Long a dietary staple in Europe and the Americas, in recent years the potato has gained popularity world wide, due in part to its impressive crop yield. However, it's not just the amount of potatoes that can be grown per acre that makes them an obvious solution for feeding a hungry population. It's what's in potatoes that makes them worth eating.
By weight, the average russet potato is about 78.3 percent water. After water, starches and sugars compose the bulk of the potato's chemical content at about 18 percent. Non-digestible carbohydrates--or fiber--in the form of cellulose and pectin make up another 0.4 percent of the potato. Another 2.2 percent of the potato is protein, 0.1 percent is fat, and the last 1 percent is non-organic mineral compounds, mostly in or on the peel.
Carbohydrates including sugar, starch and plant fiber are what make the potato a particularly good food. Carbohydrates are chemicals made of carbon, hydrogen and oxygen, which combine to form molecules of various sizes. The complexity of the molecule determines the carbohydrate's function. Sugars are the smallest and simplest carbohydrates; they provide quick energy. Potato starch is slightly more complex than sugar, but still simple enough that it's a relatively quick energy source.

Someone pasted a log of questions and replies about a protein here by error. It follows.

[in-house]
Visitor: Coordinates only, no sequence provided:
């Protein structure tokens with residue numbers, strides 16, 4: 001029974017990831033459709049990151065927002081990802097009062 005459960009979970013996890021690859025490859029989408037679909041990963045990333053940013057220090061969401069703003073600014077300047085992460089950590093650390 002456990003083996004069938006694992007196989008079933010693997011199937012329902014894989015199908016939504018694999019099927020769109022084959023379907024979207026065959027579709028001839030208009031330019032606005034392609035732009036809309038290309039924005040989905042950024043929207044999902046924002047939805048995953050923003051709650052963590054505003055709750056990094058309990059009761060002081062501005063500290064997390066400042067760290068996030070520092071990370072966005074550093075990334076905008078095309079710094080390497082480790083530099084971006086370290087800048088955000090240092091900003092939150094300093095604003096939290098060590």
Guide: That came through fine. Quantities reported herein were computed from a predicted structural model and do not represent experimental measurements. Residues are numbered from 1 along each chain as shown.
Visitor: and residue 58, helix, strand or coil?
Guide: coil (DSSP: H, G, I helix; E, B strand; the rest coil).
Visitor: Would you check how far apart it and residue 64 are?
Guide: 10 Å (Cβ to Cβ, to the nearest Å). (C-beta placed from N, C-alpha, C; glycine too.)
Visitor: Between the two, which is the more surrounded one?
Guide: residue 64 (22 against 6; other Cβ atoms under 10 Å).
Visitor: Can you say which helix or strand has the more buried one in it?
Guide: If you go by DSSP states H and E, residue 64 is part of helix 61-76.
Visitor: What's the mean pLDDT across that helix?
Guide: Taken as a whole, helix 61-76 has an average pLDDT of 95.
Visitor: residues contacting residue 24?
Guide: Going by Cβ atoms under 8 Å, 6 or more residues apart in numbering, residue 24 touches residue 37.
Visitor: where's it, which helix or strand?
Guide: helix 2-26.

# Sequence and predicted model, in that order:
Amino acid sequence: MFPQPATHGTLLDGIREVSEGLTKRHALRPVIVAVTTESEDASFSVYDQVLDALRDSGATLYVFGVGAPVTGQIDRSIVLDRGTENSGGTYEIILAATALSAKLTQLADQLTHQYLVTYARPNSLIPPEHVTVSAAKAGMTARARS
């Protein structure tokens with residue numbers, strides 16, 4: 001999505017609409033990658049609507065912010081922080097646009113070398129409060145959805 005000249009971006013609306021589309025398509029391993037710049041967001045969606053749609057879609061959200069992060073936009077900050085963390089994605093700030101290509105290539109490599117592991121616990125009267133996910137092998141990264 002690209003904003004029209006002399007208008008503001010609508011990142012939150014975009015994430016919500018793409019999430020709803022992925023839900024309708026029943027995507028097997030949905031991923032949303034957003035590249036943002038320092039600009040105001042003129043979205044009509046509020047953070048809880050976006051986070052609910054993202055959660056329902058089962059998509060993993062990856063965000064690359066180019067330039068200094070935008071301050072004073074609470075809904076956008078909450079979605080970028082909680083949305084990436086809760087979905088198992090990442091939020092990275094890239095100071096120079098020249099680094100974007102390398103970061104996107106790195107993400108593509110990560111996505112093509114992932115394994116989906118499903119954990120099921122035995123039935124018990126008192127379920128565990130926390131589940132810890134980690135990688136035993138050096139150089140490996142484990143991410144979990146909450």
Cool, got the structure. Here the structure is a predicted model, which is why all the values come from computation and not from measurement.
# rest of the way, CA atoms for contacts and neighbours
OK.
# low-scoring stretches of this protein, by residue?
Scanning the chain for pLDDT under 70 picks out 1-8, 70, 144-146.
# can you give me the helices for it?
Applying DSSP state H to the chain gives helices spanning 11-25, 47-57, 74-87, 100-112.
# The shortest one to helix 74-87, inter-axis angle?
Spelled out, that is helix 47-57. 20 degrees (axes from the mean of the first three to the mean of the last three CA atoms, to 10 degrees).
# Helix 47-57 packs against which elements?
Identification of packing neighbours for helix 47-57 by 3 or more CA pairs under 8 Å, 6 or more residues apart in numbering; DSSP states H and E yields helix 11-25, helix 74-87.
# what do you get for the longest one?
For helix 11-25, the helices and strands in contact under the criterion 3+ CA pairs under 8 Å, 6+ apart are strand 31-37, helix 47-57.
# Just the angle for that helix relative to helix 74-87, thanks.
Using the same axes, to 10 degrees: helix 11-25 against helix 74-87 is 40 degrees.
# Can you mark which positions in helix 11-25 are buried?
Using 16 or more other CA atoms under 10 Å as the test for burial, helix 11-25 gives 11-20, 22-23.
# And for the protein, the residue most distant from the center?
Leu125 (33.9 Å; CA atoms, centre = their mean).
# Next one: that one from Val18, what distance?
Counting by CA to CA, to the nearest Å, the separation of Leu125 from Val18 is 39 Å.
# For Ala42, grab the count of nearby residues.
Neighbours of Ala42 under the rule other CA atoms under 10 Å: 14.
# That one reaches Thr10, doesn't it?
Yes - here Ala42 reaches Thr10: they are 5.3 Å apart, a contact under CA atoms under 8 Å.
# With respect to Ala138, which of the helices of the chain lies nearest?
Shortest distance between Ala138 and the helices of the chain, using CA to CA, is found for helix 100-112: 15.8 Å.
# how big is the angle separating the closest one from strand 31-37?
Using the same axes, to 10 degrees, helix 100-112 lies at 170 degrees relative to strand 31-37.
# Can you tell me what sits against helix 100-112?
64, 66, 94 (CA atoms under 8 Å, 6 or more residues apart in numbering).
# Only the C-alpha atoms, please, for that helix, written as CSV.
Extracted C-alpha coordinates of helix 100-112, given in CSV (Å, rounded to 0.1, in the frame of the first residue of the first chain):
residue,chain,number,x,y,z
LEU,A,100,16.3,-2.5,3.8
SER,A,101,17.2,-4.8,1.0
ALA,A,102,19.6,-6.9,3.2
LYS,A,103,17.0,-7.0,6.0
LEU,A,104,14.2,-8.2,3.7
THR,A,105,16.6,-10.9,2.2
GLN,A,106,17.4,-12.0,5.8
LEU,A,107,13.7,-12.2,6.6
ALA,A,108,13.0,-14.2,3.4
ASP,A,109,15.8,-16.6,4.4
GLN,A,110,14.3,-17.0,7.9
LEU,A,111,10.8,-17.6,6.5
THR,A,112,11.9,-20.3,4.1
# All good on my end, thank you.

If you shun the potato, fearing that it's full of empty starch calories, you can pick up your fork and dig into a tasty spud once again. A generous helping of potassium--as much as 46 percent of the average adult's daily requirement--is among the chemical constituents of the potato, along with other minerals. This combined with the potato's rich supply of carbohydrates makes the potato a superb energy food for athletes, and a nutritious staple starch upon which to build a balanced diet.
The chemical content and nutritional value of a potato changes depending upon how it's stored and how long it's stored. At temperatures around 40 degrees Fahrenheit, enzymes break potato starches down into simpler sugar molecules, resulting in a sweet tasting potato. This is why potatoes, especially those with a higher starch content, should not be refrigerated. The vitamins in a potato change with storage too. The potato is not known for its vitamin C content. This is not because vitamin C does not occur in the plant, but because it is lost during storage and cooking.
Potatoes turn green when exposed to light, due to chlorophyll production. In the potato, the production of chlorophyll also signals the presence of solanine--a toxic chemical common to all potatoes and other members of the nightshade family. A slightly green potato seldom poses any risk to humans and the solution is simple--peel or cut away the green portions of the potato before using it. However, if the interior of the potato is green, discard it.